Mass fish death cause identified, results yet to be announced

By VnExpress   June 2, 2016 | 08:35 pm GMT+7
Mass fish death cause identified, results yet to be announced
Three ministers who chaired the press conference in May. Photo by VnExpress/Vinh An

Scientists have identified the cause of mass fish deaths recorded along Vietnam's central coast last April. However, the final conclusion will be released later this month after further validation, the government announced today.

Ministers gathered in a monthly press conference today in Hanoi to answer questions on a number of social-economic issues, including the 100 tons of dead fish found along the central Vietnamese coast.

Minister of Information and Communications Truong Minh Tuan said scientists have identified the cause of the mass fish deaths. The formal conclusion of the investigation will be announced later this June, after “thorough scientific deliberation” by both Vietnamese and foreign experts.

No details of the provisional cause have been revealed.

The investigation also involves identifying who is responsible, Tuan said. Therefore, besides scientific evidence, the final conclusion requires a full investigation of possible violations of the law.

In early April, large quantities of fish washed up dead near the Vung Ang Economic Zone in Ha Tinh Province. The phenomenon spread south along the coast of the central provinces of Ha Tinh, Quang Tri, Quang Binh and Thua Thien Hue, resulting in more than a 100 tons of dead fish.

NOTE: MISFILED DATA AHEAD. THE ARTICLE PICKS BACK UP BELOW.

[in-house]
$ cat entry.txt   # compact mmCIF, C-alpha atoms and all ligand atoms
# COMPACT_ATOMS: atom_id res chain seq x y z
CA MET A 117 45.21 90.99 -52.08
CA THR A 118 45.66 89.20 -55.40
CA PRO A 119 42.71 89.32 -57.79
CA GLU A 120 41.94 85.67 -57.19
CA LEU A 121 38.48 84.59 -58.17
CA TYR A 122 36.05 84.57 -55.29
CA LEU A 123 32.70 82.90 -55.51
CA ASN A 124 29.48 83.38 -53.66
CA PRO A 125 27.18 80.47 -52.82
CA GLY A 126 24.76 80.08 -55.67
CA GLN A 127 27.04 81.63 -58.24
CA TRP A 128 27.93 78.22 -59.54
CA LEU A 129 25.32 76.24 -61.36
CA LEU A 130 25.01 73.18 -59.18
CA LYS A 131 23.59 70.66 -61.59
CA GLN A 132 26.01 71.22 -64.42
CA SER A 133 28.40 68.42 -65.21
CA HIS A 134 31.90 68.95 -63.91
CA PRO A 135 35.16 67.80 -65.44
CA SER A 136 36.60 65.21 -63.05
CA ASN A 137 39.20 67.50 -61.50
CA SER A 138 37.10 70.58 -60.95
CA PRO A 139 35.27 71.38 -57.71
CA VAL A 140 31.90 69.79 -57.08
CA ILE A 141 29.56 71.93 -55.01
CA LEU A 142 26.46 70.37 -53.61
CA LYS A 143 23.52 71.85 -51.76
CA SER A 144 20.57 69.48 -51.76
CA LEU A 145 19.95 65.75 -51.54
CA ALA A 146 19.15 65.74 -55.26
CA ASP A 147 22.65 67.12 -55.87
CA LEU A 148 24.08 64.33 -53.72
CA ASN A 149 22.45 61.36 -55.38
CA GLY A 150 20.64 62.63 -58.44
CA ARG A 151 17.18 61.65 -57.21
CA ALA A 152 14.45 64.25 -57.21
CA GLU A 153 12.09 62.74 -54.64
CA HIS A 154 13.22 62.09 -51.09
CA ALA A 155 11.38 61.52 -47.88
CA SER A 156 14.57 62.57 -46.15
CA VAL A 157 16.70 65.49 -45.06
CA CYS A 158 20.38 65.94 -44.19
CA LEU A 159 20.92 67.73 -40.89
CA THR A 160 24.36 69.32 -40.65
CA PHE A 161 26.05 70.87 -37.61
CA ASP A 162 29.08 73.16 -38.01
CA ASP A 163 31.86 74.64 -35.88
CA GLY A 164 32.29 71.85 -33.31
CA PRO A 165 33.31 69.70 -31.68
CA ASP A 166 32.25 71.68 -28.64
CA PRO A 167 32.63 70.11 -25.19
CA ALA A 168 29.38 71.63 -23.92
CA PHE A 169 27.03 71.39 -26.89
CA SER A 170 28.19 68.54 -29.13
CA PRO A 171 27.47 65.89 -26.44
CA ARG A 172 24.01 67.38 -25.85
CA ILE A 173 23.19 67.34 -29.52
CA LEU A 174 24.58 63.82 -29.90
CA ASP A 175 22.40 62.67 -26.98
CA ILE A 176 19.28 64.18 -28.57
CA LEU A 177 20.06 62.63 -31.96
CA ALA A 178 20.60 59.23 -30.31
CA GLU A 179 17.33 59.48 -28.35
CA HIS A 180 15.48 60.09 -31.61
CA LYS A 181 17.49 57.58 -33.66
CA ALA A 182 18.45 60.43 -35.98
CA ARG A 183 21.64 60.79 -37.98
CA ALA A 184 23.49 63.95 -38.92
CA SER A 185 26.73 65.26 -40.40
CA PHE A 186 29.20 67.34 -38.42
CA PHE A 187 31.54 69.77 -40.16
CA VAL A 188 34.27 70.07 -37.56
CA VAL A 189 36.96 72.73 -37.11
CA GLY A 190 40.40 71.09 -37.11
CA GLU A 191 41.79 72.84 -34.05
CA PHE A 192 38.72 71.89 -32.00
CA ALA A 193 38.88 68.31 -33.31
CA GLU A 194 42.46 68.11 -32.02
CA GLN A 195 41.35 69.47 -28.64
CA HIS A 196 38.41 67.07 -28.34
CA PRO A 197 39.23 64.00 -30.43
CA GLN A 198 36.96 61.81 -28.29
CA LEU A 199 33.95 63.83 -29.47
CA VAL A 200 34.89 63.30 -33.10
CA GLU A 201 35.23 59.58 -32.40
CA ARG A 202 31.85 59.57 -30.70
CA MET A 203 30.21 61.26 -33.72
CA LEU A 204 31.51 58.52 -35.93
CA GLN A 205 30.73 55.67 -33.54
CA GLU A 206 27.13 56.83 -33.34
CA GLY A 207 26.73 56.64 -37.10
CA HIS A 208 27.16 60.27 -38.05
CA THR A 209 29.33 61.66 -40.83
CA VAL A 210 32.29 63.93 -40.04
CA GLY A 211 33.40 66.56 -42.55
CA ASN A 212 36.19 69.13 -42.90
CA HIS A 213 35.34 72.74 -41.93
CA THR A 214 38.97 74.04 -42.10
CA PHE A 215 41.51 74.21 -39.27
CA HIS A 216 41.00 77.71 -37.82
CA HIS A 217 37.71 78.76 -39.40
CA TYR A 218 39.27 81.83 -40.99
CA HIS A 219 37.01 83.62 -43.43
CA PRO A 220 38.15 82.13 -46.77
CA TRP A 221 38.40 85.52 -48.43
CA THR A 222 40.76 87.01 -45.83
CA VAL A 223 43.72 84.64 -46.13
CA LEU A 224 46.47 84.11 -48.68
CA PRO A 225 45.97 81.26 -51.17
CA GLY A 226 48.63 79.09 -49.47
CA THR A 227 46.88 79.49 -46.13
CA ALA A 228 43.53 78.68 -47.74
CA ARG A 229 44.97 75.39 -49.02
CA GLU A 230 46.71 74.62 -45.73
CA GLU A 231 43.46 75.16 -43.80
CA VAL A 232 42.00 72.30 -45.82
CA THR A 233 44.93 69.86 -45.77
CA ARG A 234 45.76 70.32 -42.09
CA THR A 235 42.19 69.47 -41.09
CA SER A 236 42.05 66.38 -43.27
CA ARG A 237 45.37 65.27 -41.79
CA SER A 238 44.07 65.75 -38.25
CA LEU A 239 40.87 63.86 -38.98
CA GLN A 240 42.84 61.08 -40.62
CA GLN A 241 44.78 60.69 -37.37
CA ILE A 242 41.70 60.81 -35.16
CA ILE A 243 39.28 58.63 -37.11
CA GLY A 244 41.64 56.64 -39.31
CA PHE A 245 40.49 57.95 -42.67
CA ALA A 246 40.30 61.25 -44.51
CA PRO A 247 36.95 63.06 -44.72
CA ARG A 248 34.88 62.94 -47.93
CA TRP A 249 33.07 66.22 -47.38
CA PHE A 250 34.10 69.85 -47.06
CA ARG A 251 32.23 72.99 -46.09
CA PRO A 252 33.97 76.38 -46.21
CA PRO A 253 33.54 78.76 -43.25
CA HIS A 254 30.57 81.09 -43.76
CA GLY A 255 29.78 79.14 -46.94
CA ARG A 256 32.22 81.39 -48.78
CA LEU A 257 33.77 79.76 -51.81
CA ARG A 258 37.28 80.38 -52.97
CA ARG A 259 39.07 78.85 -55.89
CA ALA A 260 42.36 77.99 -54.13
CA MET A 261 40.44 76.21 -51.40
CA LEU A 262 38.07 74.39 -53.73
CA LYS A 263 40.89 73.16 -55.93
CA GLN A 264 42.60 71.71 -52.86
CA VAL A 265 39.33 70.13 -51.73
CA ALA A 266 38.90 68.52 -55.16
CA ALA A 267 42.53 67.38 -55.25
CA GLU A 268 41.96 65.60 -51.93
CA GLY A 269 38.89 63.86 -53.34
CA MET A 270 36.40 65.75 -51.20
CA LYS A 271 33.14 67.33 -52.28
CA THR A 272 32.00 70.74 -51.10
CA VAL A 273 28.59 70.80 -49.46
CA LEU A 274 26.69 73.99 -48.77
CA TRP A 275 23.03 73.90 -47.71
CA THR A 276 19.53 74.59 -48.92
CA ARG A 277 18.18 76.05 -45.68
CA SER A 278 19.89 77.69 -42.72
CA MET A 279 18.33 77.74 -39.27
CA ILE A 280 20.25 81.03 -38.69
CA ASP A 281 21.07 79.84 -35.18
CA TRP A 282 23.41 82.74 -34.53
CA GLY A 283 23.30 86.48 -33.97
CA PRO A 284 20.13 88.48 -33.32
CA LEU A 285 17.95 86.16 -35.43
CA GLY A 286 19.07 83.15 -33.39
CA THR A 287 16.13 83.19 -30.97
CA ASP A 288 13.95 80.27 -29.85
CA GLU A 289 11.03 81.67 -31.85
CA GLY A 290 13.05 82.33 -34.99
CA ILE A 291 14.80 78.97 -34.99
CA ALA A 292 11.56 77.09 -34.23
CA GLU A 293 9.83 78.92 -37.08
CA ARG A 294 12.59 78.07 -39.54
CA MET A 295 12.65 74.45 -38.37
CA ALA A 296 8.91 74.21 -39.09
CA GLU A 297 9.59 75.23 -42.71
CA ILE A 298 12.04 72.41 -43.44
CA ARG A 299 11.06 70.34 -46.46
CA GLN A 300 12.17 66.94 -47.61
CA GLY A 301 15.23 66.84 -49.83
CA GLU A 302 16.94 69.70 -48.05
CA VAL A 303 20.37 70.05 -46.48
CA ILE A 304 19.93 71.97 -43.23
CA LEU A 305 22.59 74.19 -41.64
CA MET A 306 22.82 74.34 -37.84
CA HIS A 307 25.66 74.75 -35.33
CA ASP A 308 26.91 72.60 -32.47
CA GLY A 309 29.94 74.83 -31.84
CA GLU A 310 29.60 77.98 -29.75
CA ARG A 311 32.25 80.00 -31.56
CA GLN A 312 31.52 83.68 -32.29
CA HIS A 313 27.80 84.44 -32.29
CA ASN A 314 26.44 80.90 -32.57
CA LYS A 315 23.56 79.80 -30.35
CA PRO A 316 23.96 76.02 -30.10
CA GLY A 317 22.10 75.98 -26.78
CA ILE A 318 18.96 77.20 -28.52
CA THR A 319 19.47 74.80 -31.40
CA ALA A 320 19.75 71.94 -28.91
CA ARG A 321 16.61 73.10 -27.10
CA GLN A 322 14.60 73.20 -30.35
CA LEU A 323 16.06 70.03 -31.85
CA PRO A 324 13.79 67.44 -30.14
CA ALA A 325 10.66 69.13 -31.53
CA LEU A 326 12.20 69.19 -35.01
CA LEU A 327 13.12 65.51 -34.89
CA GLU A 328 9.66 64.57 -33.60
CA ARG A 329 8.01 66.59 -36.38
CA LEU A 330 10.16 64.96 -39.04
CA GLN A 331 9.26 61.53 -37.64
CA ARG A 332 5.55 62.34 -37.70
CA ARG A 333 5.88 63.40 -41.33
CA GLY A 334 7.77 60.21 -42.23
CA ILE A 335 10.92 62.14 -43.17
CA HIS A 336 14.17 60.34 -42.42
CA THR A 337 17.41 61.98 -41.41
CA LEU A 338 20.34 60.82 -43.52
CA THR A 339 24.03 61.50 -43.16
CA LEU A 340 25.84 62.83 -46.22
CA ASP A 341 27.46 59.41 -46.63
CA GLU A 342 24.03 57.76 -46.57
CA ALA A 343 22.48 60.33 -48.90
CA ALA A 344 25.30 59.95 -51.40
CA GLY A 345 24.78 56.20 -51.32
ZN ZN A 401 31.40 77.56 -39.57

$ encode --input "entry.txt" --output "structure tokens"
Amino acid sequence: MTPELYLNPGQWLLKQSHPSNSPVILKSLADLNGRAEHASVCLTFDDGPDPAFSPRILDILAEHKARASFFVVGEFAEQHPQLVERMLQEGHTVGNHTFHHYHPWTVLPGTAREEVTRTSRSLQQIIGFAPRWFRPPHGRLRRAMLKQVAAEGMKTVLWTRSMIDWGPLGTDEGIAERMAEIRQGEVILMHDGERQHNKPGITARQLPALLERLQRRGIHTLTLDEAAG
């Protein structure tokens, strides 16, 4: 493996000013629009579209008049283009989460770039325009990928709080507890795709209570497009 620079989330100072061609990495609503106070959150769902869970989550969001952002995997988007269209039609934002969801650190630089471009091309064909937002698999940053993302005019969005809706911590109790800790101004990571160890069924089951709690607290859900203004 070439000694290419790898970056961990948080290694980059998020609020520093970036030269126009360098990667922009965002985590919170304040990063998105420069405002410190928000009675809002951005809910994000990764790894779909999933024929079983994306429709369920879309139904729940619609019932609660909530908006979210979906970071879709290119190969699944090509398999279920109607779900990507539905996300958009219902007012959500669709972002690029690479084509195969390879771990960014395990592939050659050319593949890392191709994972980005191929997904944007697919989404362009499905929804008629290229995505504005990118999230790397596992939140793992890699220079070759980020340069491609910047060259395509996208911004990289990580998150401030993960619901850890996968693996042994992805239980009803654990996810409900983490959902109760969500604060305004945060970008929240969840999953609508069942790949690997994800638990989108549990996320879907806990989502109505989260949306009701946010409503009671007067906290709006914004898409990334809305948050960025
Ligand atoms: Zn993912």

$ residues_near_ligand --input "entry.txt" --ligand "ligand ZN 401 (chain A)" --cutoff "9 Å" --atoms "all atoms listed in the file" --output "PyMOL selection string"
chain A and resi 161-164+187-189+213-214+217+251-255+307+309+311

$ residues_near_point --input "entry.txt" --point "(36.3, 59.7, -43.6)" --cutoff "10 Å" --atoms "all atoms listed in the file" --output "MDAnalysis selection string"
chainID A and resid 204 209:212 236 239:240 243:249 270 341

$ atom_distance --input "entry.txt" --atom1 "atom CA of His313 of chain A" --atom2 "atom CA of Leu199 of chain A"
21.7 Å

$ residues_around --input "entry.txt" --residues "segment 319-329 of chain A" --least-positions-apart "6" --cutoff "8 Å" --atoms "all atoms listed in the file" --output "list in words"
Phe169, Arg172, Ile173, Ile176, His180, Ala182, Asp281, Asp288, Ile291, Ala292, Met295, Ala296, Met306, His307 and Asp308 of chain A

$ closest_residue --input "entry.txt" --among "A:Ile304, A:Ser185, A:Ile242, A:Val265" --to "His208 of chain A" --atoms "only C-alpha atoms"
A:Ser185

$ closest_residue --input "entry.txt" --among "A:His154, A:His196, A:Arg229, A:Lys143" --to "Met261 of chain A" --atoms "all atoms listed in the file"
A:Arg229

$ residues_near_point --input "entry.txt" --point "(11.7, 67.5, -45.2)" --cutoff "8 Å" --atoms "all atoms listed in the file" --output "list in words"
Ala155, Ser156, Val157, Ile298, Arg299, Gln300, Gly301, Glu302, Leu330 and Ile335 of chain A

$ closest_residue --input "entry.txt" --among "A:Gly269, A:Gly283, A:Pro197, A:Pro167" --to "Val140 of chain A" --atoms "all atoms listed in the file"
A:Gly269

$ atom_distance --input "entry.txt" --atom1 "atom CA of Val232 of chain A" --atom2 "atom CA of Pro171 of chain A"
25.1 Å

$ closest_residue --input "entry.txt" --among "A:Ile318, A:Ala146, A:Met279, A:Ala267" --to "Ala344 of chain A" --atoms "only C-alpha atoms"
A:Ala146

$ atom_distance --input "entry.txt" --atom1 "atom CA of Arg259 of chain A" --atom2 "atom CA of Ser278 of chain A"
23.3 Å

Coastal fishermen and local staff of Vietnam’s Fisheries agency blamed a discharge of chemicals in the vicinity of Vung Ang on April 6. They told reporters that a toxic tide then worked its way south along the coast of four provinces, killing farmed fish as well as free swimming species.

A Taiwanese steel corporation, Formosa Ha Tinh Steel, has become the prime suspect. It is developing a steel mill complex in Vung Ang on a 3,000 hectare plot and designed to produce 15 million tons of steel annually. The first blast furnace went into operation in December 2015.

On April 24, Vietnam’s Ministry of Natural Resources and Environment (MONRE) reported that teams were being deployed to investigate the extraordinary fish kill. Scientists at the Fisheries Agency, a unit of the Ministry of Agriculture and Rural Development (MARD), promised a definitive diagnosis within 10 days.

On the same day, at MONRE’s meeting, reporters learned that Formosa had cleaned its wastewater discharge pipe using toxic chemicals without informing Vietnamese authorities. “The drainage system is legal,” said vice minister Vo Tuan Nhan. “The problem is what and for how long Formosa discharged into the sea.”

At a press conference by MONRE on April 27, Minister Vu Tuan Nhan issued a statement saying no connection between Formosa and the mass fish deaths has been identified. He said there are two possible reasons for the disaster. One is toxic chemicals released by human activities. The other is an abnormal natural phenomenon that causes algae in the water to bloom at an accelerated rate, commonly known as a “red tide”.

Vietnam’s MONRE said on May 26 the ministry is not covering up the truth about the mysterious mass fish deaths in the central region.

 
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